Monday, July 12th, 2004: Aboard the M/S Vesteråle
Hurtigruten is the coastal ferry steamer that plies the small ports up and down Norway’s Atlantic coast. Running for over 100 years, the ferries are now a big tourist business – in addition to freight and mail, they carry passengers and cars. The return trip from Bergen to the Russian border on the Barents Sea takes 12 days. There are now 11 ships making the journey, so that all summer long there is a departure at the same time every day. We are joining on day 11, and will go south to Bergen, a journey of 29 hours.
The weather is less than we would have wished – cold, with intermittent showers. Not a day for sitting on the deck, but some of the hardier voyagers do, until driven inside by a heavy rainstorm.
The fjords, as we head out of Trøndheim, are lined with gently rising slopes – the voice over the intercom system tells us that we will pass some of the best agricultural land in Norway on our journey south. We remark that it cannot be easy being a farmer on this land. We pass numerous small islands with 1 house and some outbuildings on them – we assume the people who live in these homes must be fishermen, although we see neither boats nor evidence of boat-mooring facilities; but they cannot be farmers, because these islands are rocky outcroppings. Our fellow passengers seem to be mostly Scandinavian with a smattering of Germans and French to keep things interesting. It is a laid-back crowd. Lots of retirees with many books to keep them occupied on the 12 day journey up and back. We seem to be in the minority as far as age group but we share this with a couple of families with small children. People seem to spend their days either reading and watching the scenery go by from the panorama room on top of the ship or wrapped in blankets on the occasional sunny side of the ship. The optimal word here is relaxed.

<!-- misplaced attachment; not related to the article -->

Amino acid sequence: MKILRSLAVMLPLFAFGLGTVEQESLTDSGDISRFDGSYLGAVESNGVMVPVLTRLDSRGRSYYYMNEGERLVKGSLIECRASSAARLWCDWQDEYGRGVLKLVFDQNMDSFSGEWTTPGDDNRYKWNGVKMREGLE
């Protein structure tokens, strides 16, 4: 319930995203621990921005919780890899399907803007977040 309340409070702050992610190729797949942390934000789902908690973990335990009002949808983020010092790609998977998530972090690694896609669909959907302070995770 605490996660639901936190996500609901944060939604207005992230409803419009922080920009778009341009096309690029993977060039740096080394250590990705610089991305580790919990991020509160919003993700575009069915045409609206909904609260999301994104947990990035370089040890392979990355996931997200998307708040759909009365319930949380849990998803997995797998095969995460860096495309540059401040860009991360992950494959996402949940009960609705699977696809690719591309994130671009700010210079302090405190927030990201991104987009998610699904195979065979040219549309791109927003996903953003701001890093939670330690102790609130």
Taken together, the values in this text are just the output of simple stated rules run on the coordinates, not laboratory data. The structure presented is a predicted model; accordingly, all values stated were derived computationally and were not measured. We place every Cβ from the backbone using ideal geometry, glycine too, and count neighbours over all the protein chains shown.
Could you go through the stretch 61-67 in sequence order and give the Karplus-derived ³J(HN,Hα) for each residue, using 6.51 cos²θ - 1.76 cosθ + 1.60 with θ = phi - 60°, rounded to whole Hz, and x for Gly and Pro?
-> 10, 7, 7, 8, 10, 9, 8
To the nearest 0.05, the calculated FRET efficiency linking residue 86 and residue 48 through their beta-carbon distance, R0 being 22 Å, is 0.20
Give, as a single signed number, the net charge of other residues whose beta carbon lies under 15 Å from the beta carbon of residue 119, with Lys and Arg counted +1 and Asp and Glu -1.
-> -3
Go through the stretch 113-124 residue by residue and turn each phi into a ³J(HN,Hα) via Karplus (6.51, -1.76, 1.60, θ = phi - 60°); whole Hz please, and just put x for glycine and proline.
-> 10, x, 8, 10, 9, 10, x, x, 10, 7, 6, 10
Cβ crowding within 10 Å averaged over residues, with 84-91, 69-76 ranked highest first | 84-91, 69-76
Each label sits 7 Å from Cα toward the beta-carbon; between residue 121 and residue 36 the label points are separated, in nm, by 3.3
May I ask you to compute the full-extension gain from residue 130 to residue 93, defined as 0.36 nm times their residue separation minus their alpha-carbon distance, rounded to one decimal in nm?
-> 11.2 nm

A Universally Adopted Mindset
We settle quickly into this universally adopted mindset and wander the ship, snapping photos of the grey-blue fjords with tremendous billowing clouds caught on their high, rocky points. The ship is quite comfortable and we easily find our way around. The vistas remain the same, rolling monochromatic fjords on a cold, black sea. I am a bit disappointed with the scope and size of the fjords – they do not compare with those we have seen in New Zealand but being here is what this experience is about.
We stop in the occasional town, multicoloured houses set on high, steep, wind-exposed cliffs. What Norwegians do in February is beyond us. All the while we have a strange feeling of familiarity about these vistas. We could be visiting the outposts of Newfoundland with their rocky shores and bright fishing shacks.